The Model Parliament (Chronology of European History)
Article abstract: The Model Parliament establishes an important precedent by joining the shire knights and town burgesses with the spiritual and temporal lords, resulting in the widest representation to that point in English parliamentary history.
Summary of Event
Political historians view the evolution of the English Parliament as one of the greatest legacies of the English Middle Ages to the theory and practice of representative democracy throughout the world. Parliament had its forerunners in both Anglo-Saxon and Norman traditions and practices. It was considered normal and necessary for feudal kings to rely on their barons for advice as well as for military aid. Usually kings turned to a small council of permanent advisers, a council comprising the chief barons of the realm and important ecclesiastics. There was a prevailing tension, however, between this small council of permanent advisers and the larger magnum councilium regis, or Great Council of peers of the realm, who felt more and more that they, too, had a right to be consulted on matters of policy that affected their own situation.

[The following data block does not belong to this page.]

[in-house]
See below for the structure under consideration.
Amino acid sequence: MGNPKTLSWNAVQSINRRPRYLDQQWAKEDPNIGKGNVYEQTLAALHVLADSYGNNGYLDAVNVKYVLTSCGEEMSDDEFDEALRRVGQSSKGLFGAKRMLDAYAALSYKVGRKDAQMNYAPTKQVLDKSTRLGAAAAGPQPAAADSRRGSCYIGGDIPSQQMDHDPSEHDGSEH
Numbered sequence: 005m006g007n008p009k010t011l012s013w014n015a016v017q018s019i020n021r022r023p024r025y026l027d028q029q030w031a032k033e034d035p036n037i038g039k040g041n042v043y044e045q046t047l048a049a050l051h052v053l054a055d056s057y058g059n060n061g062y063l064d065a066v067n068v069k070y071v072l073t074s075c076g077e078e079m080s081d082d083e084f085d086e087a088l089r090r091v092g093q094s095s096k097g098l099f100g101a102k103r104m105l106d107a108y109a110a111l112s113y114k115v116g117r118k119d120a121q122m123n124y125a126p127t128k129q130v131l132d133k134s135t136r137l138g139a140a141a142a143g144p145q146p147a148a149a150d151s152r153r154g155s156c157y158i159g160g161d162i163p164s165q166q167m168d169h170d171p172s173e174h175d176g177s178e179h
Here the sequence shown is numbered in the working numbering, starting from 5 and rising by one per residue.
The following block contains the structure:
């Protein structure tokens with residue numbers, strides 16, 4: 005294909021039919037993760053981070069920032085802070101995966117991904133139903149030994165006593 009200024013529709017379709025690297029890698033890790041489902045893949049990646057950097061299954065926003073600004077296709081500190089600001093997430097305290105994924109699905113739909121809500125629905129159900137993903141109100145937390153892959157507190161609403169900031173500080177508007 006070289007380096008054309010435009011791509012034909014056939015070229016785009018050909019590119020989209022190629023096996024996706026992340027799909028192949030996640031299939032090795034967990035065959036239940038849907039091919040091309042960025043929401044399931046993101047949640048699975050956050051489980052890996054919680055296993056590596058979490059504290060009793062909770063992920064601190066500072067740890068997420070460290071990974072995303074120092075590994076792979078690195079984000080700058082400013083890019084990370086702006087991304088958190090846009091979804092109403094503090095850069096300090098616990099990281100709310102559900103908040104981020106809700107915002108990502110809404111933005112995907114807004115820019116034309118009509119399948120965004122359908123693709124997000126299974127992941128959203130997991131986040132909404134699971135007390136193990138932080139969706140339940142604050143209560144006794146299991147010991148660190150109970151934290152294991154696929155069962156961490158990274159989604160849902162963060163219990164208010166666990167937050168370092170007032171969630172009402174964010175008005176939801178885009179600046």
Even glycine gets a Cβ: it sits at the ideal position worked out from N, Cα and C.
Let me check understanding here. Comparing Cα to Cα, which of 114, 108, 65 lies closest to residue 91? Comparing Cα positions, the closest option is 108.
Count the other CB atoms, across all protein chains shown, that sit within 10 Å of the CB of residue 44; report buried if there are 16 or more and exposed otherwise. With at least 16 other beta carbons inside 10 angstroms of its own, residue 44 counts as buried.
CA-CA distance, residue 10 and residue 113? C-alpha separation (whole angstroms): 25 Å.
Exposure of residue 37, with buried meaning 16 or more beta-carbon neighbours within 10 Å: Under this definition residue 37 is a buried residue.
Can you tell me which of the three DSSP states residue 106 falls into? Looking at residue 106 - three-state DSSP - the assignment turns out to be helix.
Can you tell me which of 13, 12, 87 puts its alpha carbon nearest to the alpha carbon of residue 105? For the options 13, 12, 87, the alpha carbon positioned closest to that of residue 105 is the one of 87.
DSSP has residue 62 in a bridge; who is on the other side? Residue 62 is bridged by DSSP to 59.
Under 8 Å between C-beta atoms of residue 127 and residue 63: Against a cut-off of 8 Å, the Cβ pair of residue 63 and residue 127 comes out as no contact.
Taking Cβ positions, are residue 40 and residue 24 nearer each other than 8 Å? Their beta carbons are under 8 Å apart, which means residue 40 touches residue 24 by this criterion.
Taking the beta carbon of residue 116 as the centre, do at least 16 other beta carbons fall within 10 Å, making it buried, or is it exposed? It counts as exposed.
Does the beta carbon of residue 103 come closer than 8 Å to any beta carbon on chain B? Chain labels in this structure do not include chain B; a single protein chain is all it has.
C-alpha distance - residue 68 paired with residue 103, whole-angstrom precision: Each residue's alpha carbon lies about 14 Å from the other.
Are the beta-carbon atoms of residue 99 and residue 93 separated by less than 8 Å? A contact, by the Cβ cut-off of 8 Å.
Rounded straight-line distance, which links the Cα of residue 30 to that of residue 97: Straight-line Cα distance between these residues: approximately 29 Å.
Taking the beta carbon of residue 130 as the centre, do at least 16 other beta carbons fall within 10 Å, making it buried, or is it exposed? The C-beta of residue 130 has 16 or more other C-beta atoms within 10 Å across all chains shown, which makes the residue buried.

The English kings, particularly from the time of Henry II (1154-1189), found themselves increasingly involved in costly wars with France. To gain support for these wars, particularly financial support, the kings turned to the magnum councilium regis and also to lesser barons and burgesses who...
(The entire section is 1542 words.)
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